Truck drivers, trucking companies and other parties to the trucking industry must meet high safety standards established by the Federal Motor Carrier Safety Administration (FMCSA). These regulations pertain to anything from proper truck maintenance to drug testing. Here let's discuss some of the safety requirements the FMCSA has established to protect motorists from the inherent dangers posed by large commercial trucks.
A collision with a large truck is very likely to cause personal injury, and truck operators and their employers owe a duty of care to protect other motorists from harm. As we discussed in a recent post, drowsy driving is a serious threat on Missouri roads, and truck drivers and trucking companies must follow hours-of-service rules to ensure that drivers remain alert at all times.
Truck drivers used to be able to work a maximum of 82 hours a week, but that limit was reduced in 2013 to an average of 70 hours a week. Trucker drivers and trucking companies found to be in violation of the rule could be fined by the FMCSA. If truck driver fatigue leads to injuries to another person, then the injured party can seek compensation for damages through a truck accident lawsuit.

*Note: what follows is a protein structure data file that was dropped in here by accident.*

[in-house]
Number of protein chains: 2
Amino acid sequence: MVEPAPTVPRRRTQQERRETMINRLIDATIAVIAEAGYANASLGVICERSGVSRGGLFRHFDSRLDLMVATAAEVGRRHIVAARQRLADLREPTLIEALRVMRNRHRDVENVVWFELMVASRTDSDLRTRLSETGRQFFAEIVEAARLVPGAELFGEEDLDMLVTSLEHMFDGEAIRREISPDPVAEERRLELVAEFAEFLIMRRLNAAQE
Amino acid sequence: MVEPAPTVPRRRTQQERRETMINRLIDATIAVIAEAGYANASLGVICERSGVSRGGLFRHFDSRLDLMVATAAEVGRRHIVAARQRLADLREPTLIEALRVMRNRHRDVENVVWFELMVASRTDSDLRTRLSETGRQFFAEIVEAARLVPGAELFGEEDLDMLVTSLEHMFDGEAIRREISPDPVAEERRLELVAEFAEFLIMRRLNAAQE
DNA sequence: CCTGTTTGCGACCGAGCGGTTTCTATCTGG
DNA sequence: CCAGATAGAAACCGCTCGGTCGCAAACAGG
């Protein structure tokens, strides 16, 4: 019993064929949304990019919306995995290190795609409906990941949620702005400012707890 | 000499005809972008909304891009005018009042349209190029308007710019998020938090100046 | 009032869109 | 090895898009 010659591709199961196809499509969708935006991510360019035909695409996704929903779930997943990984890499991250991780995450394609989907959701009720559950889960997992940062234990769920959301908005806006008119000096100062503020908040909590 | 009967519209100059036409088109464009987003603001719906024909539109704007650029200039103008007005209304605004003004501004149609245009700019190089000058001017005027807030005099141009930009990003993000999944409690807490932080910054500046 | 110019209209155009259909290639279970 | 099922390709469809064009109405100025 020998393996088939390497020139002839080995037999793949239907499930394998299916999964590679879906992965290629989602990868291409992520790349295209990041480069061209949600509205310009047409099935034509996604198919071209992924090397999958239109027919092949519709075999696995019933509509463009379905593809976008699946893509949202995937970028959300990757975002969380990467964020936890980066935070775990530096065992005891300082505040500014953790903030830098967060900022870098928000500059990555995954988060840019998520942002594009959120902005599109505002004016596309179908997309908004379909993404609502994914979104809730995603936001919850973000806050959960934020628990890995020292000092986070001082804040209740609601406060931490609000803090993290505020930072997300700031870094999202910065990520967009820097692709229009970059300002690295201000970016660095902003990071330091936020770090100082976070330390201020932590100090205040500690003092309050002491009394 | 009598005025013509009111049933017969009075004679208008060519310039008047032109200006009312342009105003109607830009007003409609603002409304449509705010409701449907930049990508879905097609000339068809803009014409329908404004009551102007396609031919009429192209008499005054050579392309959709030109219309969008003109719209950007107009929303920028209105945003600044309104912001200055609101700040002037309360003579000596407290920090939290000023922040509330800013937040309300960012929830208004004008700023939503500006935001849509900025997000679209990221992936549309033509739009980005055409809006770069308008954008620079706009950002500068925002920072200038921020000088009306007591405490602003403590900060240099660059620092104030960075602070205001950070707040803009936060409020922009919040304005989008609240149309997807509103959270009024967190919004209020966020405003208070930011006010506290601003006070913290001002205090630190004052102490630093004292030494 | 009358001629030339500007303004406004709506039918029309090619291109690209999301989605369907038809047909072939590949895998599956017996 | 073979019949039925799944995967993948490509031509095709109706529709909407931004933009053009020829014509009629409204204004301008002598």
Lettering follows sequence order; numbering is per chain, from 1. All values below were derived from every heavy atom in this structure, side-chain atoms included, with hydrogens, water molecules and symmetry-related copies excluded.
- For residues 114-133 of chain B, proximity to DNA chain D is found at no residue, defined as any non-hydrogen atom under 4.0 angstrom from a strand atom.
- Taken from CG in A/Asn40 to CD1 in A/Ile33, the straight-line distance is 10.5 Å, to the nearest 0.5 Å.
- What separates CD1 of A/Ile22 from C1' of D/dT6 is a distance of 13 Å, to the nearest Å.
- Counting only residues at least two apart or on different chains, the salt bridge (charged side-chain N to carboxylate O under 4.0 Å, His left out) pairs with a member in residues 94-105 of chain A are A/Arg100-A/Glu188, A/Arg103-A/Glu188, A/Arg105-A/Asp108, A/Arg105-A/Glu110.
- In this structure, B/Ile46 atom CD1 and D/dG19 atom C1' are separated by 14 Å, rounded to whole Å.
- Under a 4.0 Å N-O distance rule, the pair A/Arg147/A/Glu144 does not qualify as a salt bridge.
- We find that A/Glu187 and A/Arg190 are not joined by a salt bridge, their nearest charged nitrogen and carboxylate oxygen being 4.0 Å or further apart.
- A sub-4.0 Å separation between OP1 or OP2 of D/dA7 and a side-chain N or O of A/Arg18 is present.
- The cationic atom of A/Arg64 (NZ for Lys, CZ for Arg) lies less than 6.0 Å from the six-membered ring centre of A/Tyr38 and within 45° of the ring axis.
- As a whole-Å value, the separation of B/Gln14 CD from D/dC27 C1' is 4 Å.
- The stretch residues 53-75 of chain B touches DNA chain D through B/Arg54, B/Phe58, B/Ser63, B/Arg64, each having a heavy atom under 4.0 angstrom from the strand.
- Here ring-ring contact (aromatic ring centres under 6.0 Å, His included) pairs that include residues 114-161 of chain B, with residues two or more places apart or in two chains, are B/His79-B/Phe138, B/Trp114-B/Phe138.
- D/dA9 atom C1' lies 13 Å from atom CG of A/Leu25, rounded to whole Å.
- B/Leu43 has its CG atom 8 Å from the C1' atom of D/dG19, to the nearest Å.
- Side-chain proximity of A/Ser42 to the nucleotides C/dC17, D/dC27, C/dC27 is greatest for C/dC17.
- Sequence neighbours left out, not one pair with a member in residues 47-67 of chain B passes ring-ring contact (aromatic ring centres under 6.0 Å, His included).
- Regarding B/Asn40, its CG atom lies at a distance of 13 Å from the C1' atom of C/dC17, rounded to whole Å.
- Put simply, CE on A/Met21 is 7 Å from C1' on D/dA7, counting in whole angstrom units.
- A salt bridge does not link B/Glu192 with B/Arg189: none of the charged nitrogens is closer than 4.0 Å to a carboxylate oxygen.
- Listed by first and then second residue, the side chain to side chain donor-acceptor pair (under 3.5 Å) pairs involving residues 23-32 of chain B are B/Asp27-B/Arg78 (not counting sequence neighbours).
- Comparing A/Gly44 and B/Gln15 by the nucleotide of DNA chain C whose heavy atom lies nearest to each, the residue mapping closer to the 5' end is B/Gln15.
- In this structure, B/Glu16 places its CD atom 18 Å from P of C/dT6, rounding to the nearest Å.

If a truck driver reaches the 70-hour limit, then the driver must get at least 34 hours of consecutive rest before driving again. Additionally, the rest must include a minimum of two nights when the driver's body naturally demands sleep between 1 a.m. and 5 a.m.
Another relatively new rule requires a 30-minute break for truck drivers in the first eight hours of a work shift. Each shift must also be limited to a total of 14 hours, with a daily driving limit of 11 hours.
When a truck driver or a trucking company violates any of these rules and causes an injurious accident, it is typically necessary to investigate the driver's hours-of-service log. Drivers are required by law to keep a log, and a personal injury attorney with experience in handling truck accident claims can analyze the truck driver's records to determine whether any violations occurred.